Are there any motorcycling related political issues that affect your ability to riding? 
Nothing comes to my mind right now except that during the summer months when there is high danger of forest fires, visiting specific mountain areas is prohibited, some times for certain hours and sometimes for days. You cannot go for dirt riding during this time. The case to prohibit access for days is pretty extreme but has happened before in some cases. This is decided by the fire department and the police.

How do the police treat motorcyclists? 
They are indifferent. If the police wants to give you a fine about something, they will find a way to do it, no matter what. In general if you wear your helmet, you are okay, they won’t even stop you.

Can you describe the motorcycle license test?
In general, you have a theoretical part with questions regarding the roads, the street signs and some example cases with multiple choice questions and then you have the part where you ride the bike and the examiners follow you with a car, giving you orders on where to go through a communication set attached to the helmet they give you for the test.

Do you have access to high quality women’s motorcycling gear in your part of the world? 
No, not for women. A lot of the stuff I buy locally is made for men. I buy women’s gear online from Germany or the UK.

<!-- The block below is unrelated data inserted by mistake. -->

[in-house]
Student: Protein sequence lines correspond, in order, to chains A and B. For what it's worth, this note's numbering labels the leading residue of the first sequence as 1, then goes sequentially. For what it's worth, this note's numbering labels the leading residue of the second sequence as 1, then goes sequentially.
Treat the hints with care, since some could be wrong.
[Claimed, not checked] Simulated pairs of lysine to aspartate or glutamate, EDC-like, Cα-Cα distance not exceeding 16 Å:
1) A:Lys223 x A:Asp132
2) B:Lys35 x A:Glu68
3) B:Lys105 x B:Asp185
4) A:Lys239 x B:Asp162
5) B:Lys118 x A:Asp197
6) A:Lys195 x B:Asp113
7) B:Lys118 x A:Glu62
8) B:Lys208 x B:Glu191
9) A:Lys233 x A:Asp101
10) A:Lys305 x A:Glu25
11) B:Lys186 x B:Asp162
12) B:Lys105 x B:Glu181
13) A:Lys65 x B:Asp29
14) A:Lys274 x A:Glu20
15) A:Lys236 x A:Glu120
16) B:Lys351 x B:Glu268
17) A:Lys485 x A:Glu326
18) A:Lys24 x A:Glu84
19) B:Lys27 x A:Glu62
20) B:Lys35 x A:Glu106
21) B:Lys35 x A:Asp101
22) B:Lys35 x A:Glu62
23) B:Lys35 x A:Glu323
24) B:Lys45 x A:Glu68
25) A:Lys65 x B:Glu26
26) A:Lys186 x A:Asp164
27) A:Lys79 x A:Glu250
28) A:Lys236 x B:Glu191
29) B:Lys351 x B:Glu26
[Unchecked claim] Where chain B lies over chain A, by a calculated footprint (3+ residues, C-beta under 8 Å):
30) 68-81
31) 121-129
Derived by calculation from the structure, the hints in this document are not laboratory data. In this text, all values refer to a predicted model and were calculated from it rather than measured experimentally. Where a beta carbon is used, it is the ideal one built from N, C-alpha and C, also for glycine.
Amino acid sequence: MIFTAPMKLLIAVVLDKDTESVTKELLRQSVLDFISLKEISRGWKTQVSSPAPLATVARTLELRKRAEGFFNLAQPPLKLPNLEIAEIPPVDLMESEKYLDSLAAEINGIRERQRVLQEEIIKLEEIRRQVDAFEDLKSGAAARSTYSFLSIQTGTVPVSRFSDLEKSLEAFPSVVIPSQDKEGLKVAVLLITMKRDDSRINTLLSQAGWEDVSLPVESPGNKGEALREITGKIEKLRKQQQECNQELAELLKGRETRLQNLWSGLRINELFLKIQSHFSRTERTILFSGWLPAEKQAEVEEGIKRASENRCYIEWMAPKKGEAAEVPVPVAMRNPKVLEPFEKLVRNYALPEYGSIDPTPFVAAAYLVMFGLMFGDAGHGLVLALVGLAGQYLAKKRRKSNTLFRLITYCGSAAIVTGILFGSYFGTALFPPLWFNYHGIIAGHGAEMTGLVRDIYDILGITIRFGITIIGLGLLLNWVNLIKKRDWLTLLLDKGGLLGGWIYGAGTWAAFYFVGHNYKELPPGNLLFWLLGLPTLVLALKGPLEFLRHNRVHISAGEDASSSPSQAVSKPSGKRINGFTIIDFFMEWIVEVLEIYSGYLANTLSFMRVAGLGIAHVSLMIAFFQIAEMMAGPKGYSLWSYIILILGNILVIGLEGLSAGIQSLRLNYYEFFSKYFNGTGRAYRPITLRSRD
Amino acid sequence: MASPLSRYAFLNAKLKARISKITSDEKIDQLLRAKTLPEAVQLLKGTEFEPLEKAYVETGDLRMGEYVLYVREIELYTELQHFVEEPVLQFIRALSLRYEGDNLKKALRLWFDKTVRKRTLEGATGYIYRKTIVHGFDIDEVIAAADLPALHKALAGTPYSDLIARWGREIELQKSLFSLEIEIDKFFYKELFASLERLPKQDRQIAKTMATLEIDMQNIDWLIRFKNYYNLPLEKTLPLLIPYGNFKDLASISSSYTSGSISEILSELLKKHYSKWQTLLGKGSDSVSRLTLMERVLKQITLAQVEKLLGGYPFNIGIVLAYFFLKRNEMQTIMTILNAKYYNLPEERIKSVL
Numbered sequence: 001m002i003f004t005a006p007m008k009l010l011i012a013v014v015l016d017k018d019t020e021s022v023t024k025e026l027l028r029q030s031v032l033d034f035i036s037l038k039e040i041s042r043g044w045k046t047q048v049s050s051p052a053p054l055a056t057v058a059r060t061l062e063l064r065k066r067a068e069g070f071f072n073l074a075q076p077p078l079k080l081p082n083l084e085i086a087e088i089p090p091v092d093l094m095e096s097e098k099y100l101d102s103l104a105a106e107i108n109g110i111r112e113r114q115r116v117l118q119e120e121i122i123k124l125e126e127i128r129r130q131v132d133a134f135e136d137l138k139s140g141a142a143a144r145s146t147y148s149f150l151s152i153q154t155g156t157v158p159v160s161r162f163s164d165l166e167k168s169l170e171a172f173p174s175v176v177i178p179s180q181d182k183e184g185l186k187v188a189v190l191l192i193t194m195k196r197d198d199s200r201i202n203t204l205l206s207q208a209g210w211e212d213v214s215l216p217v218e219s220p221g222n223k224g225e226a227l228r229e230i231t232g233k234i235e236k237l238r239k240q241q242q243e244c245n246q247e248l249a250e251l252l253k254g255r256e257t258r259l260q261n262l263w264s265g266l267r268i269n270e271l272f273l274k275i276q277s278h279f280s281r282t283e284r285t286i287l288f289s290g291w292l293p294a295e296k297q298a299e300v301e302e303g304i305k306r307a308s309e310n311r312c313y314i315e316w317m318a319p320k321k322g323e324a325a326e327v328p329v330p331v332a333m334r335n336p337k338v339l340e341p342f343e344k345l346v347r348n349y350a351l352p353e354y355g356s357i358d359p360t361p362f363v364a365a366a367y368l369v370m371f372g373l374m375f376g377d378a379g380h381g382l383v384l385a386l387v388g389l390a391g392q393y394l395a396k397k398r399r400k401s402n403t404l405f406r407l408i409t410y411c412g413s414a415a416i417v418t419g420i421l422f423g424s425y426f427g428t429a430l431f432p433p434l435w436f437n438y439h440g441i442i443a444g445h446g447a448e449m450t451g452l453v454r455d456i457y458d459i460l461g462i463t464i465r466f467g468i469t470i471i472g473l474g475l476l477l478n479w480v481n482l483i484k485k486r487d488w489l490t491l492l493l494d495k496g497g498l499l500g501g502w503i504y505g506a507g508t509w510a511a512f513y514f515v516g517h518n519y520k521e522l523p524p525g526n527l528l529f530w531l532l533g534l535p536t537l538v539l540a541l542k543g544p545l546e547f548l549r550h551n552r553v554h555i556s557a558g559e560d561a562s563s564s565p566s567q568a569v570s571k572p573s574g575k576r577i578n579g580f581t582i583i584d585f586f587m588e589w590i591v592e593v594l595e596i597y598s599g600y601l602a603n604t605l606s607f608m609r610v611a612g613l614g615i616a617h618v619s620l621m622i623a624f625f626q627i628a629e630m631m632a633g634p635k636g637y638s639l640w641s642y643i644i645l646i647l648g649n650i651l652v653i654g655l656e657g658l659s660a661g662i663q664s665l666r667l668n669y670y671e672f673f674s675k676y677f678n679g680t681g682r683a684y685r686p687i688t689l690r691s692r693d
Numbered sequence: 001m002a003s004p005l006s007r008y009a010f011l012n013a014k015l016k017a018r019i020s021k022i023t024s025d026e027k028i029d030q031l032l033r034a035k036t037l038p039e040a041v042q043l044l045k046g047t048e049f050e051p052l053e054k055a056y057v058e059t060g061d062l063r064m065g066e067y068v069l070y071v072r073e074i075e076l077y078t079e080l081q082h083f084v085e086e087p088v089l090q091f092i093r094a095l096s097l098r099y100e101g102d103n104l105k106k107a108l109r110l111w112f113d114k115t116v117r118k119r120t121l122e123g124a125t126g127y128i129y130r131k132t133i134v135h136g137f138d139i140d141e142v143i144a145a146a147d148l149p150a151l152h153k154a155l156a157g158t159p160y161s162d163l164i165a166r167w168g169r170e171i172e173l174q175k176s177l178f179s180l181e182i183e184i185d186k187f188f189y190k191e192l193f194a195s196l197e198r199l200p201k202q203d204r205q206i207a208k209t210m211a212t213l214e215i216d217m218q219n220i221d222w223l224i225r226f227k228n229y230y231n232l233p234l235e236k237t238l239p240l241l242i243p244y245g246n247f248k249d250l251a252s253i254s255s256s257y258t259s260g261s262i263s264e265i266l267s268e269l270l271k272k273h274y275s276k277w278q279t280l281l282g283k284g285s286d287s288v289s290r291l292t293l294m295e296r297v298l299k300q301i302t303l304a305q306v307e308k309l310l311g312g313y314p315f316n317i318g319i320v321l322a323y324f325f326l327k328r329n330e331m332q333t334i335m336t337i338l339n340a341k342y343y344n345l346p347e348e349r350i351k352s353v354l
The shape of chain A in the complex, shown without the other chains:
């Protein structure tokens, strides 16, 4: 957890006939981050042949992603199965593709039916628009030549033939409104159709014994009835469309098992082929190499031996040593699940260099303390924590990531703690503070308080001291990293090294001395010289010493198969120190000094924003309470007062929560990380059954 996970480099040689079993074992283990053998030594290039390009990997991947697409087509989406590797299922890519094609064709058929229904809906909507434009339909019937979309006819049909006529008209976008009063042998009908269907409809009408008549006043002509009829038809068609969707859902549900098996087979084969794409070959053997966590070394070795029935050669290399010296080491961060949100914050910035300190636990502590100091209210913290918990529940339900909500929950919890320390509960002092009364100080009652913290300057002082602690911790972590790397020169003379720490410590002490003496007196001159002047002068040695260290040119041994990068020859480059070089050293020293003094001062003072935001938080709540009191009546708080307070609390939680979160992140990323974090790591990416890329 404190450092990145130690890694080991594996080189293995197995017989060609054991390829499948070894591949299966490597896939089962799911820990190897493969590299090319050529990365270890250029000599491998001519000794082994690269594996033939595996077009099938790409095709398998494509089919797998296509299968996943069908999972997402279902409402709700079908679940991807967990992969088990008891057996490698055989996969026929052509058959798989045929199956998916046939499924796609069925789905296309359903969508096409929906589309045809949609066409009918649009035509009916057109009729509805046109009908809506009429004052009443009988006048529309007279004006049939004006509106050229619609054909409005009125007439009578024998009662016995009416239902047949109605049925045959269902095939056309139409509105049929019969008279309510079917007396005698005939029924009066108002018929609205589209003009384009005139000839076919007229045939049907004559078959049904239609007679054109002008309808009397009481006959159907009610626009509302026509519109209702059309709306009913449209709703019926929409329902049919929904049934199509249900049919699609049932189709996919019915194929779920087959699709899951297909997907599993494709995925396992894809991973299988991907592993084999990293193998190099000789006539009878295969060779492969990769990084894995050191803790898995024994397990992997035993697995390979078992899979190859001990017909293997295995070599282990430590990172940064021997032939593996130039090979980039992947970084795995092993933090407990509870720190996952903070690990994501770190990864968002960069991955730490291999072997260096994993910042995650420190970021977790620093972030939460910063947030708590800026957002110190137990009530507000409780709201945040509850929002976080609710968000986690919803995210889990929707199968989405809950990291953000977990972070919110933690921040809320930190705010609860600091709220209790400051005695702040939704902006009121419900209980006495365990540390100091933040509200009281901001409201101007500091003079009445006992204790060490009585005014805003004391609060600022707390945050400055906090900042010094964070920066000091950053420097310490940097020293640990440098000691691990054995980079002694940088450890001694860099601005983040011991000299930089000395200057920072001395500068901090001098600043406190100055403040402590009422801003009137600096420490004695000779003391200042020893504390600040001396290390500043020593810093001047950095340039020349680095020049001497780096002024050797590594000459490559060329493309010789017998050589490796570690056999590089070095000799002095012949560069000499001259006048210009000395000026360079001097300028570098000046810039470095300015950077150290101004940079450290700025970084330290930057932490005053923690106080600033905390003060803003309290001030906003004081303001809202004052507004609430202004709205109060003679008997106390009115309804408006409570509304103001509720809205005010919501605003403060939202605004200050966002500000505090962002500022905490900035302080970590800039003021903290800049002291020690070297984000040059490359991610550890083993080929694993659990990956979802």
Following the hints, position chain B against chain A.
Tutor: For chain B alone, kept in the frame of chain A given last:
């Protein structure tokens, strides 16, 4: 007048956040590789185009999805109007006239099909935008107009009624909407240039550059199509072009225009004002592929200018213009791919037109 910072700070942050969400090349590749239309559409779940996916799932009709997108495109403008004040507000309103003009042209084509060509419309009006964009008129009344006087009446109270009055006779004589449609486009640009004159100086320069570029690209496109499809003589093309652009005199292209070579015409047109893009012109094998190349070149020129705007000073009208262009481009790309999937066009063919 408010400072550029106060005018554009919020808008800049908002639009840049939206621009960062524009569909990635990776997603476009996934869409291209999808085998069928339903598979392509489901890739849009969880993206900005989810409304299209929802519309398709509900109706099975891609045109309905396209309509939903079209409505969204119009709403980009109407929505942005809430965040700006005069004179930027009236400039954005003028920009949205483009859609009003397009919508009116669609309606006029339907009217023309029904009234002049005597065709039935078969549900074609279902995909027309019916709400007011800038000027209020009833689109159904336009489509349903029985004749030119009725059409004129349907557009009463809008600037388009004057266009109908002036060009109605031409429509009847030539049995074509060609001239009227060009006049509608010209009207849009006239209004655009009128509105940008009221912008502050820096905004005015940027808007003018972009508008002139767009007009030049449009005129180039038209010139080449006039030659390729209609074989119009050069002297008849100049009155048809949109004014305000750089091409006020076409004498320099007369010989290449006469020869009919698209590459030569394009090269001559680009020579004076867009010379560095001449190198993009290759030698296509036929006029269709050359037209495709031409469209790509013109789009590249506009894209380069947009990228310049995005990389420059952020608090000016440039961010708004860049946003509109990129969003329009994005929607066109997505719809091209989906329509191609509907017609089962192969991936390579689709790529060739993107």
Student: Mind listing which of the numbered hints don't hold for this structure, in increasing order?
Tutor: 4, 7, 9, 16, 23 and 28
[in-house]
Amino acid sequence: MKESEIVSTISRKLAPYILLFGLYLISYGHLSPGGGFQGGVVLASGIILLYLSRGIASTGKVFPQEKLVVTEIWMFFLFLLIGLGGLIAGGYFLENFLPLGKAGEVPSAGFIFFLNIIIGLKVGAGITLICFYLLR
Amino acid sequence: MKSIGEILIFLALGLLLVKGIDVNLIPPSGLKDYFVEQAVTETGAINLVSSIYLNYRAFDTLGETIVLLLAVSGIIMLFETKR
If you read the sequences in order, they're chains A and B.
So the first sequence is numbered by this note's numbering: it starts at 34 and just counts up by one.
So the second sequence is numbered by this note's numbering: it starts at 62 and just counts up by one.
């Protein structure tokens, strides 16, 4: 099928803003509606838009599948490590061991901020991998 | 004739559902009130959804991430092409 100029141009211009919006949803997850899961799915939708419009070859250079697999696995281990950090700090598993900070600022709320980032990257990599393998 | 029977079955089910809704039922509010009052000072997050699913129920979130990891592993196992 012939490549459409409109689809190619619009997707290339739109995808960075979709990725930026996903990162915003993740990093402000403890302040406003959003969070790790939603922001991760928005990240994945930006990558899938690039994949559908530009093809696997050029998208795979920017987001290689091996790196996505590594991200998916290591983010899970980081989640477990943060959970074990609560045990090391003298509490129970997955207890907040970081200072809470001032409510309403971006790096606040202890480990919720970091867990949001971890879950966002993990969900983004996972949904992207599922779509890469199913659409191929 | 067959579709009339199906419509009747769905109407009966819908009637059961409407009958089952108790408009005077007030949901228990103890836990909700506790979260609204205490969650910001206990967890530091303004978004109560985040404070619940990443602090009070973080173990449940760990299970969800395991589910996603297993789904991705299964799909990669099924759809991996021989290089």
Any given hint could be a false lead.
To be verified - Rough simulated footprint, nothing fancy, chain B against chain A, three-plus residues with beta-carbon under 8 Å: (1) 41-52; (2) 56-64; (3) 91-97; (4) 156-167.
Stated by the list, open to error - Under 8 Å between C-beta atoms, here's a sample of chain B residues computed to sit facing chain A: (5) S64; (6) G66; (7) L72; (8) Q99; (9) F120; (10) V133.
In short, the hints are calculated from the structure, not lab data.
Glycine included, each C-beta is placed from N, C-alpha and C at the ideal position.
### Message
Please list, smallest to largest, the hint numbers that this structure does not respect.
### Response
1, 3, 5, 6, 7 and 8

Are any motorcycle related sports popular where you live and do women actively participate in them?
We do have races in Greece, but no, not many women take part in them.

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At a track day in Megara

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At a track day

How are women motorcycle riders treated?
Like aliens, by some people! There are a lot of people who consider it to be a male hobby, but in general most male motorcyclists treat us with respect.

Do female and male motorcyclists have the same amount of freedom to pursue motorcycling activities?
In the sense of freedom they do. Nobody forbids you to ride a bike just because you are a woman, but Greek society is still very conservative and it is embedded in the minds of people that it is not common for a woman to ride a motorcycle. For instance, in the villages you will see a lot of older ladies driving small scooters or small bikes but not big ones. It is supposed to be used only as a means of transportation but not a hobby.

KRYSTA RECOMMENDS

Books: Twist of the Wrist by Keith Code
Movies: Why We Wide, TT3D, Closer to the Edge
Magazine: www.ebike.gr (greek online) , www.motomag.gr
Blogs: http://www.t-motoriders.com (greek)
Web Forums: www.apriliabikers.gr (greek), http://www.street-triple.co.uk/index.php
Professional Motorcyclist: Valentino Rossi, Marc Marquez
Female Motorcyclist: Jenny Tinmouth, Sarah Lezito